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Vilsan '19: The simple pleasures

He is nine years old, 10 at most. His feet dangle above the ground. His tiny arms rest uncomfortably on the dinner table. He is holding in his miniature hands the newest iPhone, swiping and scrolling as though it were second nature. Conversation swells around him, but he is unaware. Then, minutes later, he carefully places the iPhone on the table and turns to his mother.

“I’m bored,” he declares. “Give me the Nintendo.”

Do you recognize this boy? He’s everywhere. He’s a product of the technological age — an age in which children are given iPads when their parents are busy instead of being told to go play outside. Indeed, studies show that on average, an American child receives their first phone at age 10. He is an undeniable fixture of our consumer society. He is fed advertisements with his cereal. He cannot imagine fashioning a fantastical world using only a box and a stick, because he has always had limitless entertainment at his fingertips, prepackaged for his convenience.

What does this boy convey about our society, about our ability to enjoy the simple pleasures in life, instead of buying our entertainment and exchanging the old model for the new almost immediately? As technology continues to encroach upon our daily lives, should we be adapting or fighting against it?

Silicon Valley is perhaps the most recognizable technological space in the world. Yet according to Business Insider, Silicon Valley parents are raising their children in a relatively tech-free way, because they’re fully exposed to the potentially harmful effects of socializing their children in an environment dominated by technology. Indeed, a recent survey of the Silicon Valley community uncovered common concerns that excessive technological use is shortening attention spans and creating a culture of dependency. The potential benefits of technology are innumerable, as the Silicon Valley community can certainly attest to. But that doesn’t mean that there are no associated risks. It is important to understand that technology changes the way we think, behave and interact with others. Excessive exposure from a young age has detrimental effects on our mental health, our ability to make close friendships and our capacity to maintain focus.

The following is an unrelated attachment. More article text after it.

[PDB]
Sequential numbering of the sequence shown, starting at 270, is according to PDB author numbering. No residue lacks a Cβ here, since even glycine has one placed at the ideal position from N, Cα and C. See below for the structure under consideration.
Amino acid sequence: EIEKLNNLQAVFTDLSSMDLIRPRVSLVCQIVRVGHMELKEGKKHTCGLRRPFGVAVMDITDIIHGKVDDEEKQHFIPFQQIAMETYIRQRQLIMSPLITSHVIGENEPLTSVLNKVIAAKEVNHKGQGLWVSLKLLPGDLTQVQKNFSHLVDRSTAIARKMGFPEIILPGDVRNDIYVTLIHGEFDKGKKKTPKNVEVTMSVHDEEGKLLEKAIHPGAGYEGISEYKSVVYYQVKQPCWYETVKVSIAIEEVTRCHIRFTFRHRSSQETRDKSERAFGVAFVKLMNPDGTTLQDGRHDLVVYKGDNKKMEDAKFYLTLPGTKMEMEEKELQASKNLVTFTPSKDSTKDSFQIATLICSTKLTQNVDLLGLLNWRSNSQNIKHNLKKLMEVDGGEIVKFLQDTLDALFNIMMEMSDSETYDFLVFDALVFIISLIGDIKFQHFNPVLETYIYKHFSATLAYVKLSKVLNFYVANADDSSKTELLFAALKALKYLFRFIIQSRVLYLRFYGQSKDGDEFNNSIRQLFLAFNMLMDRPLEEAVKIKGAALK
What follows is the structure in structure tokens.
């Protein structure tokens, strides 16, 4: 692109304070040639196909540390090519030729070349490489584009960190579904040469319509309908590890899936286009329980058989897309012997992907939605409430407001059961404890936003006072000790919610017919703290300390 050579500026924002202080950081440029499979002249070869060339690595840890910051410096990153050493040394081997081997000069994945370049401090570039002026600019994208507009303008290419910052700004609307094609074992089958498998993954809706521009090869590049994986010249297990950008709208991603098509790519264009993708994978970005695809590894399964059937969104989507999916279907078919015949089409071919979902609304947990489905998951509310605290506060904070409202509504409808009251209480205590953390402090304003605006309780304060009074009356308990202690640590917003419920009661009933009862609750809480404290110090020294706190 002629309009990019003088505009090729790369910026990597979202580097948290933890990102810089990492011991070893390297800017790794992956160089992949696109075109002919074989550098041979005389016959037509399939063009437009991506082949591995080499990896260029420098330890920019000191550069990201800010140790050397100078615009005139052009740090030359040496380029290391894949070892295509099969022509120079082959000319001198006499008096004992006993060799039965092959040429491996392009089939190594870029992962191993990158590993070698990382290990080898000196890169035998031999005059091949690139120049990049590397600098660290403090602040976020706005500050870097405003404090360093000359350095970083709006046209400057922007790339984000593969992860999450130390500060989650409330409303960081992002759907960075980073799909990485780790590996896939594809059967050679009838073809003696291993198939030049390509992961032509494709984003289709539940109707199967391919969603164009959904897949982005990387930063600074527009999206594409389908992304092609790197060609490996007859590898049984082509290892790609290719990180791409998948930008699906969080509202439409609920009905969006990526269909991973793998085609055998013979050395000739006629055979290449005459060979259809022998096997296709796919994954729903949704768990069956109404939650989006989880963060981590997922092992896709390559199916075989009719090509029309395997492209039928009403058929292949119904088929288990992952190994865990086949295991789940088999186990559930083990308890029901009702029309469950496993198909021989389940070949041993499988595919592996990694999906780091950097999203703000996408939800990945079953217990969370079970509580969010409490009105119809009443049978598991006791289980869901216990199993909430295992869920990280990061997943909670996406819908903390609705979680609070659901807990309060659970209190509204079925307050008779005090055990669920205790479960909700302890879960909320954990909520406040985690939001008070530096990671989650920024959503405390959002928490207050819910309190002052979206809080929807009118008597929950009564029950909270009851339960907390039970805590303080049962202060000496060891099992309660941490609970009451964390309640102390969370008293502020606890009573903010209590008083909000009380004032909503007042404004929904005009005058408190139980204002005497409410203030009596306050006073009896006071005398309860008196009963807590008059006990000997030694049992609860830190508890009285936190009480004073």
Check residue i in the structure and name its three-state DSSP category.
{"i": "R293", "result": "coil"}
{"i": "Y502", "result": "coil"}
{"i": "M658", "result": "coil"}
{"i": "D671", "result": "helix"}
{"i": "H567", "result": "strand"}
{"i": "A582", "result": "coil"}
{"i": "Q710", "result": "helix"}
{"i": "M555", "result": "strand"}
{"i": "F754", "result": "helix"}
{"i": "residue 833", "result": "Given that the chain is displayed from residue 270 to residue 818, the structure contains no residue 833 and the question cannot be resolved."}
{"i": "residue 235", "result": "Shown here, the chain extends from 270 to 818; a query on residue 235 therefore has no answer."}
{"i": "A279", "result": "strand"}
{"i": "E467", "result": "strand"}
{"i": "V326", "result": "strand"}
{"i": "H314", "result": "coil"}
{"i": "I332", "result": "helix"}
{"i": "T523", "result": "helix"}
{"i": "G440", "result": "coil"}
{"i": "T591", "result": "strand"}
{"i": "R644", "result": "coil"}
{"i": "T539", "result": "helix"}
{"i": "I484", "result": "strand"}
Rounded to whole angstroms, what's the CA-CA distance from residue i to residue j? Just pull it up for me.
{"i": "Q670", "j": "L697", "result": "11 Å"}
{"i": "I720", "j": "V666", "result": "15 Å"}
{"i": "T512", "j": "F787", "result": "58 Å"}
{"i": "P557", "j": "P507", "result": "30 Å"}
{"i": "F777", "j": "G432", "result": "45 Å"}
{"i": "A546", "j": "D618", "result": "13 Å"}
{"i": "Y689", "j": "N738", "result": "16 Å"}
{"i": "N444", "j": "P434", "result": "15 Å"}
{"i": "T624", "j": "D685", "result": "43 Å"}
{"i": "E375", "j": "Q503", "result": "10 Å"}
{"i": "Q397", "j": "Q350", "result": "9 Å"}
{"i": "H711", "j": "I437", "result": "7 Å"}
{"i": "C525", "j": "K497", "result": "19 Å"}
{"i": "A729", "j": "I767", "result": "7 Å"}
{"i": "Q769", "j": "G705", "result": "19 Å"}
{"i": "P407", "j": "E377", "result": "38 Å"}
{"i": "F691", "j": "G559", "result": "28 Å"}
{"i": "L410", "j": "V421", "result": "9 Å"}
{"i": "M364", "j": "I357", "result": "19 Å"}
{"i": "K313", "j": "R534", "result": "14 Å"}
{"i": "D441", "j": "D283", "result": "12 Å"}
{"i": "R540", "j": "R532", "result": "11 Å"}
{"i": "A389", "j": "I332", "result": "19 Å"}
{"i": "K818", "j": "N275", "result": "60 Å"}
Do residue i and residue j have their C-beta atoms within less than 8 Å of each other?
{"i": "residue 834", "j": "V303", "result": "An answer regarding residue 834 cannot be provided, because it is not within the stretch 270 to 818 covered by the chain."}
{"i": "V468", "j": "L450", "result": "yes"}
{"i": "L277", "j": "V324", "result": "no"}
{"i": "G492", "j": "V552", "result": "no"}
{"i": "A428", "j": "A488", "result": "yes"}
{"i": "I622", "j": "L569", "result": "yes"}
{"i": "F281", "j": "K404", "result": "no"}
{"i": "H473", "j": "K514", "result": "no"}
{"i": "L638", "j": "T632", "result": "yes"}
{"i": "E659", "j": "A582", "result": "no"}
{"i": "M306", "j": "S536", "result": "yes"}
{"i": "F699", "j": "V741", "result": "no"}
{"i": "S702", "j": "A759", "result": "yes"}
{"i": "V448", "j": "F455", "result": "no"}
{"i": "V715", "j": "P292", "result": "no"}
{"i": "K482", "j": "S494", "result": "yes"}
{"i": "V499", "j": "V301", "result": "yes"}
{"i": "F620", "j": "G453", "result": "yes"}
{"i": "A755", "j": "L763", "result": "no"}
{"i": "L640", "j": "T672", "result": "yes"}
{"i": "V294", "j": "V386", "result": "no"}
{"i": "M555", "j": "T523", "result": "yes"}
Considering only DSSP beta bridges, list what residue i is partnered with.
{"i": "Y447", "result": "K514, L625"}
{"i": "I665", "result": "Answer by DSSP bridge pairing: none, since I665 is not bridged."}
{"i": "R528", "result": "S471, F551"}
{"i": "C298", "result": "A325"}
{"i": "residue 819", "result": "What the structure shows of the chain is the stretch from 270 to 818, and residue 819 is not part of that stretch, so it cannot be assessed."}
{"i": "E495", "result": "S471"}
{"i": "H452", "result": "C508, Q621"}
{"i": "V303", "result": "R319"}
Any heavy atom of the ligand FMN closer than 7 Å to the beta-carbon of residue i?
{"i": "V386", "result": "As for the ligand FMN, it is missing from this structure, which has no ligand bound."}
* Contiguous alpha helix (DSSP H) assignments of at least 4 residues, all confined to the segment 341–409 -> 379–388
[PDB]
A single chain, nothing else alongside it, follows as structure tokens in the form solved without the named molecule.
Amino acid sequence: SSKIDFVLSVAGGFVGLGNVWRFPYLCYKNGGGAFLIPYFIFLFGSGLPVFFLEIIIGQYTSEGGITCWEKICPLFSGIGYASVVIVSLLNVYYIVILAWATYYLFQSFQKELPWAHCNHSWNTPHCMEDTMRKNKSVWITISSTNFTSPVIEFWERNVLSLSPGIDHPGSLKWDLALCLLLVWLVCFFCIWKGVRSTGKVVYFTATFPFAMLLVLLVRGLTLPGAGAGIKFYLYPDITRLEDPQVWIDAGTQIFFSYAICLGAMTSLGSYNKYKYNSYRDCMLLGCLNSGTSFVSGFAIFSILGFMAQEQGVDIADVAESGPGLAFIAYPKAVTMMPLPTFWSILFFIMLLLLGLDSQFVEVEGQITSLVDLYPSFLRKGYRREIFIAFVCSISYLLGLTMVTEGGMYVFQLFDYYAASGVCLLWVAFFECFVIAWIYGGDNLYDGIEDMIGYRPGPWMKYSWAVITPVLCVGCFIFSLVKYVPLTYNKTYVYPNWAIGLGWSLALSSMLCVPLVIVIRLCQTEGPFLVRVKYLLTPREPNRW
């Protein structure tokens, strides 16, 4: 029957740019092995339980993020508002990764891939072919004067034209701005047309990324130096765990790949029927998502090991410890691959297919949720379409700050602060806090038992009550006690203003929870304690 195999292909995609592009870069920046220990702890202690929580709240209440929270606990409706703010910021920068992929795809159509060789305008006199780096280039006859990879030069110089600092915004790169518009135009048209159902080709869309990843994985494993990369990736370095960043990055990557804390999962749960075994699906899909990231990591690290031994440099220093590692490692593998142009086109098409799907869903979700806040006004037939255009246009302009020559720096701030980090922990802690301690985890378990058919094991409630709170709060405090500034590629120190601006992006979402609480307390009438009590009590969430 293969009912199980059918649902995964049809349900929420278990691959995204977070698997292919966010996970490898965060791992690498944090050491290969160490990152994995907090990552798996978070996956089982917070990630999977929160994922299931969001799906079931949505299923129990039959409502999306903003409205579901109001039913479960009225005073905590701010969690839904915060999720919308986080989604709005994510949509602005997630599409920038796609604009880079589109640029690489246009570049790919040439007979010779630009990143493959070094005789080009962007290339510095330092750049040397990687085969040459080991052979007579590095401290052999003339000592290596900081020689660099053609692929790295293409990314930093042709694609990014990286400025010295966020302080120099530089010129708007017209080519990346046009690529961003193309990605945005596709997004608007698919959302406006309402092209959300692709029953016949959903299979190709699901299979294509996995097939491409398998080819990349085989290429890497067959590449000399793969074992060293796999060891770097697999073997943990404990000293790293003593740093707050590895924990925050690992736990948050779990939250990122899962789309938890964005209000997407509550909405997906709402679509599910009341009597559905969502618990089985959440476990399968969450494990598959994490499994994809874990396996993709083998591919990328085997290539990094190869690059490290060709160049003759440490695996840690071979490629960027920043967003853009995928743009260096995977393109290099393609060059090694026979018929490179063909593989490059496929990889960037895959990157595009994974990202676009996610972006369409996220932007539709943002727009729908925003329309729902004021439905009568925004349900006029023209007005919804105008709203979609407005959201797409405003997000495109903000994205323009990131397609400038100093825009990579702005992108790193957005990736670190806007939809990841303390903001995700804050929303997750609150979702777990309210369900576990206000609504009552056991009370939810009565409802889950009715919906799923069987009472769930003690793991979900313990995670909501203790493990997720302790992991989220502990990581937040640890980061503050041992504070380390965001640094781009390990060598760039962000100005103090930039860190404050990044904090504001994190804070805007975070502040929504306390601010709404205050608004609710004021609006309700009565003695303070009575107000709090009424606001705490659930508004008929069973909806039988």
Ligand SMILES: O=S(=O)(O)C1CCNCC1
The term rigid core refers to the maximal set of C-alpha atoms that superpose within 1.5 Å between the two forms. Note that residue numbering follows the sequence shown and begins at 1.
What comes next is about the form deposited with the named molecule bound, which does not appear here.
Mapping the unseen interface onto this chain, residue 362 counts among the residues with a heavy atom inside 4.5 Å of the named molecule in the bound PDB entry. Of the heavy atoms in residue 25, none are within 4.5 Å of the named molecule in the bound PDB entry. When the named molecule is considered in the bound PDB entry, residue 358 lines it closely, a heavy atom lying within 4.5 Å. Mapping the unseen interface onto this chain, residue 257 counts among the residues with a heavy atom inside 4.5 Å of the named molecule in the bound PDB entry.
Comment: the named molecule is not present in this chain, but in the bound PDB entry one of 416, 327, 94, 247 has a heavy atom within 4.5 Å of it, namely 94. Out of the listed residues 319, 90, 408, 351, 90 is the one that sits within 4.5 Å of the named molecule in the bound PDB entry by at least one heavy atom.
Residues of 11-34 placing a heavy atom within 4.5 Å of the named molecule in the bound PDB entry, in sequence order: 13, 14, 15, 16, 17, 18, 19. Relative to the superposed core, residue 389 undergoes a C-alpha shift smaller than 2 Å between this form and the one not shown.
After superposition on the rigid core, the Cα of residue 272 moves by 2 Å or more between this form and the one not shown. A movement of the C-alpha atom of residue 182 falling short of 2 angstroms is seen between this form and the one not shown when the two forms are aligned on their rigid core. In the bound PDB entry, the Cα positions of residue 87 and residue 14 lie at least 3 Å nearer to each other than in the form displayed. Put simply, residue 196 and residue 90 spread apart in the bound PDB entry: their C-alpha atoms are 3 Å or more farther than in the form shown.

As college students, it’s probably too early to start thinking about parenting techniques for our future Apple-obsessed offspring, but it isn’t too early to think about the ways in which the technological age has impacted our own ability to enjoy the simple pleasures in life.

That child that I described at the dinner table will grow up to be a young adult who is similar to me. As a senior, I was born on the cusp of the 21st century. That means that I actually got to go play outside and that my first cell phone had an antenna. But by the time I was a preteen, social media and gadgets were very much a part of my daily life, and as a young adult technology monopolizes most of my time. According to Robert Lustig, professor of pediatrics at the University of Southern California, technology has effects on our brains similar to those caused by drugs, ultimately leading to addiction. When exposed to technology at an age before the prefrontal cortex is fully developed, we are more susceptible to these addictive effects and more likely to feel withdrawal symptoms when we are without our phones.

Think about it. When is the last time you went a full day without tech? When’s the last time you played a board game instead of a video game, or read a paperback instead of a PDF file? We may like to think that we are independent from our technology, and we may scoff at the young boy unable to put down his phone. We’re not like that, we think to ourselves. We were born before the 2000s. But the truth is we may be just as addicted to our tech and just as restless.

Don’t get me wrong. I’m not arguing that we renounce technology altogether and return to ancient times. Instead, I am proposing a return to the simple pleasures in life, if only occasionally. I am proposing a tech-free Sunday, one spent with friends and family, with a good book or a board game. I am asking for a little bit of imagination — for us to find the fantastical in everyday objects and realities instead of finding our entertainment in tech.

Fabiana Vilsan ’19 can be reached at Please send responses to this opinion to and other op-eds to


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